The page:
By GILLIAN SLADE on August 16, 2019.
A local resident is a finalist for a Capstone Award for technology innovation with a practical application that could save lives.
Jennifer Pettem, biomedical engineering technologist, and colleagues Rachael Beaudette and Emer Burke, who were Northern Alberta Institute of Technology students at the time, designed a car seat for children that monitors their well being and sounds an alarm when the child is at risk.
Pettem says Burke had a baby during her time at NAIT and was particularly aware of tragic situations where a child had been left in a vehicle – sometimes inadvertently – with drastic consequences.
The Guardian Angel Car Seat System continuously monitors the child to prevent serious harm or injury. The seat’s technology connects with an Android app through Bluetooth to monitor the child’s body temperature, proximity to caregiver and air temperature around the car seat. When parameters are exceeded an audible alarm is triggered and a text message is generated.
Pettem says the technology addresses the air around the car seat. Even with a caregiver in the vehicle, if the car seat was exposed to sun and was getting hotter the alarm would be triggered.
If one parent was supposed to drop off the child at daycare but inadvertently forgot and went to work, there would be a signal because of the distance the caregiver is from the child.
“It has proximity built into it as well,” said Pettem. “There is an infrared sensor built into the headrest of the car seat that measures the baby’s temperature.”
Since 2017, ASET – an association of science and technology professionals – has been presenting Capstone Awards to recognize the best innovation from students in the field.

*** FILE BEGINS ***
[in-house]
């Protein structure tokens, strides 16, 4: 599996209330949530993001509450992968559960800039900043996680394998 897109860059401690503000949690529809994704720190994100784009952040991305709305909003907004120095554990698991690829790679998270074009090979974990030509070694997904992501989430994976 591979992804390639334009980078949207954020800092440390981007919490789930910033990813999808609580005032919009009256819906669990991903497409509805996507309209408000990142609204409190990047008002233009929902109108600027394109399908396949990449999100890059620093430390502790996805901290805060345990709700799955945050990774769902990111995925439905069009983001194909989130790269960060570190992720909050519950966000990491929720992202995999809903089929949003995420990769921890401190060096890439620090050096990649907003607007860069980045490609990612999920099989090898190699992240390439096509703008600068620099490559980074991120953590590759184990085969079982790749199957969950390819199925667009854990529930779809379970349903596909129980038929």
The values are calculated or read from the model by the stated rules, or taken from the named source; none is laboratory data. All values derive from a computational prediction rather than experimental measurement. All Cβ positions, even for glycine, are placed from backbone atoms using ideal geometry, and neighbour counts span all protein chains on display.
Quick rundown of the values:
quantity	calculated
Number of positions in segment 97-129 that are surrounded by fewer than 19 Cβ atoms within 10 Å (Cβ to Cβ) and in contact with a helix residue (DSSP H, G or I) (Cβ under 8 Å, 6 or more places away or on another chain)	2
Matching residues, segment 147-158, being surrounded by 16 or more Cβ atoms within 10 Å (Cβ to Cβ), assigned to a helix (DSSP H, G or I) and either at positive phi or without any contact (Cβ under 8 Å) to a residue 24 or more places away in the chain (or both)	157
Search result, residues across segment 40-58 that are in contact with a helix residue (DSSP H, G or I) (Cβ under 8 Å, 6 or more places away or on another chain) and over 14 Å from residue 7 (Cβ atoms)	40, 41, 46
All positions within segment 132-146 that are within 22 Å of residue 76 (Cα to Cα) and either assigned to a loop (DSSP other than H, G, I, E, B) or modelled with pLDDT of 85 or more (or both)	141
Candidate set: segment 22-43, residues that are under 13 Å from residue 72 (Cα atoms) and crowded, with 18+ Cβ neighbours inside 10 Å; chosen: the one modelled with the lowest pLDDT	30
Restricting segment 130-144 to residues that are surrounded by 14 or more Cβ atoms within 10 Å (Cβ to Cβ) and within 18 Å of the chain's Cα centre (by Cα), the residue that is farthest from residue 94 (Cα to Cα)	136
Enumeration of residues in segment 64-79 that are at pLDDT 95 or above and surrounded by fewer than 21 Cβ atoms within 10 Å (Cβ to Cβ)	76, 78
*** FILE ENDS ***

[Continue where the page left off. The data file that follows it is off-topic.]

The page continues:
CEO Barry Cavanaugh says there are many submissions for the awards each year. The Guardian Angel Care Seat System stood out not only for technology innovation but the practical application.
“We were impressed with its timeliness and with its social utility … meant to provide value to people,” said Cavanaugh. Capstone Awards are about recognition and also about exposure.
“I don’t think these young people can afford to get this to market, to get it patented and so on. Somebody needs to get in there and help them do it because it’s almost an act of genius that they’ve done this,” said Cavanaugh.
Pettem says they looked into patenting but at the time they did not have the resources to follow through.
“We would like to see it get out there,” said Pettem.
This technology is not expected to add significantly to the cost of buying a child’s car seat, she said.
“With the technology that we use it would not cost too much more than what the actual car seat would be,” said Pettem, who currently works as a bio technologist at Medicine Hat Regional Hospital.
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